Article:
Creating voice-driven interactive fiction just got a lot easier

Interactive fiction has seen a resurgence in the past few years. From Chris Klimas’s freeware hypertext software Twine, to the visual novel Python engine Ren’Py, branching narrative stories are more popular than ever in videogames. But most interactive fiction games rely on written text, usually through hyperlinking passages or narrative decisions. These stories tend to stay in the digital world, rarely calling on the player to interact with the game outside of using their mouse and keyboard.

Amazon’s new program, the Interactive Adventure Game Tool, allows writers and developers around the world to create interactive fiction stories that rely on voice recognition. Created for game development on the company’s Amazon Echo (a hands-free speaker you control with your voice)—also known as Alexa—the Interactive Adventure Game Tool was developed in Node.js by Amazon Advertising team engineer Thomas Yuill. Yuill’s tool lets users write branching narrative structures that can later be published online to be played by Alexa users throughout the globe.

Amazon’s Alexa provides an all new medium for game design

Of course, adventure games have already been released as skills, or Alexa apps, for Amazon Echo owners. Just take a look at The Wayne Investigation skill, an adventure story released earlier this year in order to promote the Batman vs. Superman movie. The game puts the player in the role of a Gotham City detective investigating the death of Bruce Wayne’s parents. During pivotal moments in the story, the game provides the player the option to use their voice to choose the direction of the Wayne murders investigation—for better or worse. While the game is largely intended to be a tie-in story, it demonstrates the branching narrative abilities creators can use while creating stories for the Echo. Just check out Twitch streamer ksizzle’s live playthrough of The Wayne Investigation over on his official YouTube channel to get a better idea of the skill in action.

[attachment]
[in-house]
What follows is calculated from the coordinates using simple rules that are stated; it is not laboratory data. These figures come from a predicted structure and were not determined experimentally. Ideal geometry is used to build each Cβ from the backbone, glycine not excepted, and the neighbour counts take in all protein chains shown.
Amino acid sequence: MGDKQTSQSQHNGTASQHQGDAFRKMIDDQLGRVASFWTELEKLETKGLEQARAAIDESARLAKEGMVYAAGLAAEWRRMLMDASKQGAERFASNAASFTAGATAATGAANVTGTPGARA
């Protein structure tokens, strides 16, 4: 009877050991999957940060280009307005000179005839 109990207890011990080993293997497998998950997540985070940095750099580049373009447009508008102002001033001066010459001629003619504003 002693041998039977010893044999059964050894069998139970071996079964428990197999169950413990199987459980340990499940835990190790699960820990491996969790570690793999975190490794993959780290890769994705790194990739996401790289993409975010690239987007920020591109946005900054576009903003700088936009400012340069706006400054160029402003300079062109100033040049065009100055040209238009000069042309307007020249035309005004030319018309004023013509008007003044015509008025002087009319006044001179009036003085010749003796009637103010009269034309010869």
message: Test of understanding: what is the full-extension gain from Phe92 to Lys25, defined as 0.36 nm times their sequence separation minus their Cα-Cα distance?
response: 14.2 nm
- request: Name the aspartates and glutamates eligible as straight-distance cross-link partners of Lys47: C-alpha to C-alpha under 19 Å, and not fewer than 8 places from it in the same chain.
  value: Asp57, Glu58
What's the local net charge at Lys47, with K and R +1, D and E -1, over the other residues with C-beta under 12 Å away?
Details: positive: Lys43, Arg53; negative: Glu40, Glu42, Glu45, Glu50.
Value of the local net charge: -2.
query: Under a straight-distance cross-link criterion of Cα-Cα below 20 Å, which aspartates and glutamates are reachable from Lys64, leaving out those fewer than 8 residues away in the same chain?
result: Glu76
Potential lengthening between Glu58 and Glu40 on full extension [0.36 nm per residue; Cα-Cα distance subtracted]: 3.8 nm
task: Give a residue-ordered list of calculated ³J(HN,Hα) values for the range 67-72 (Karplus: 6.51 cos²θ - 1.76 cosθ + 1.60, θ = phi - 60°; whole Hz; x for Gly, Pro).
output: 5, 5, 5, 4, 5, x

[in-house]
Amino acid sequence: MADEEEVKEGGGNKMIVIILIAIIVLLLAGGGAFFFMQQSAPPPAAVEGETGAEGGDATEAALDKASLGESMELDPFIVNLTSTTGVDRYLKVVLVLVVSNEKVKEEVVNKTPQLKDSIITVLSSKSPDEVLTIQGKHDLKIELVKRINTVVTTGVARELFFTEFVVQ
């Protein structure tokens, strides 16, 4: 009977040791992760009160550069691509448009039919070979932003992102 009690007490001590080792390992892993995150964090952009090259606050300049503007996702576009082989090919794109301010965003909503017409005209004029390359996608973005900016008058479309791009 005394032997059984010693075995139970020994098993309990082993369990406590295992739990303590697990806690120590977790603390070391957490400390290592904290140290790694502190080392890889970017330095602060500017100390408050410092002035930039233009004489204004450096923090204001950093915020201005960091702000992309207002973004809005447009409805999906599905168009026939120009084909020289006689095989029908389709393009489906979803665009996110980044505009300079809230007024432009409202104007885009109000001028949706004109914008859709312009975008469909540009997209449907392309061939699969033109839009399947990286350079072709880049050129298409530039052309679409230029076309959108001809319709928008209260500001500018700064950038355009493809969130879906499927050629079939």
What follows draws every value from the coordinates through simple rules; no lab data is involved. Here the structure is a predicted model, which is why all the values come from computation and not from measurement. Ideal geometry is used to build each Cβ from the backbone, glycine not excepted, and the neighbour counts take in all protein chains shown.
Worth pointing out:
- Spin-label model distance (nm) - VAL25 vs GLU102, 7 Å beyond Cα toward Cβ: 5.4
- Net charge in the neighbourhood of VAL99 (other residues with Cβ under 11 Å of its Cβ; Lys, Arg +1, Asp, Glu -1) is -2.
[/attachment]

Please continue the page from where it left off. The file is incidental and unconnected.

But the Interactive Adventure Game Tool doesn’t just let commercial developers create projects to promote their work. With the application uploaded onto GitHub, virtually any Alexa user can get started on creating their own stories for the Amazon Echo through the Tool. Not to mention, Amazon provides the Trivia and Decision Tree skill templates online to get started, in the hopes that newcomers can learn how to build their own games through the site’s official skills. While not necessarily the most approachable suite in interactive fiction development, Amazon certainly offers a hand to writers and storytellers interested in giving the program a try.

What’s truly fascinating about the Interactive Adventure Game Tool, though, is how Amazon’s Alexa provides an all new medium for game design. With virtual reality already on the rise this year, audio input provides another outlet for game makers to bring multimedia worlds into our everyday life. Granted, only time will tell if the Interactive Adventure Game Tool proves to be an inspiration for interactive fiction writers. But, if Twine and Ren’Py are any indication, digital storytellers are quick to experiment with new tools once they’re released. Hopefully, Amazon’s program isn’t the exception to that rule.

You can find out more about Amazon’s Interactive Adventure Game Tool right here.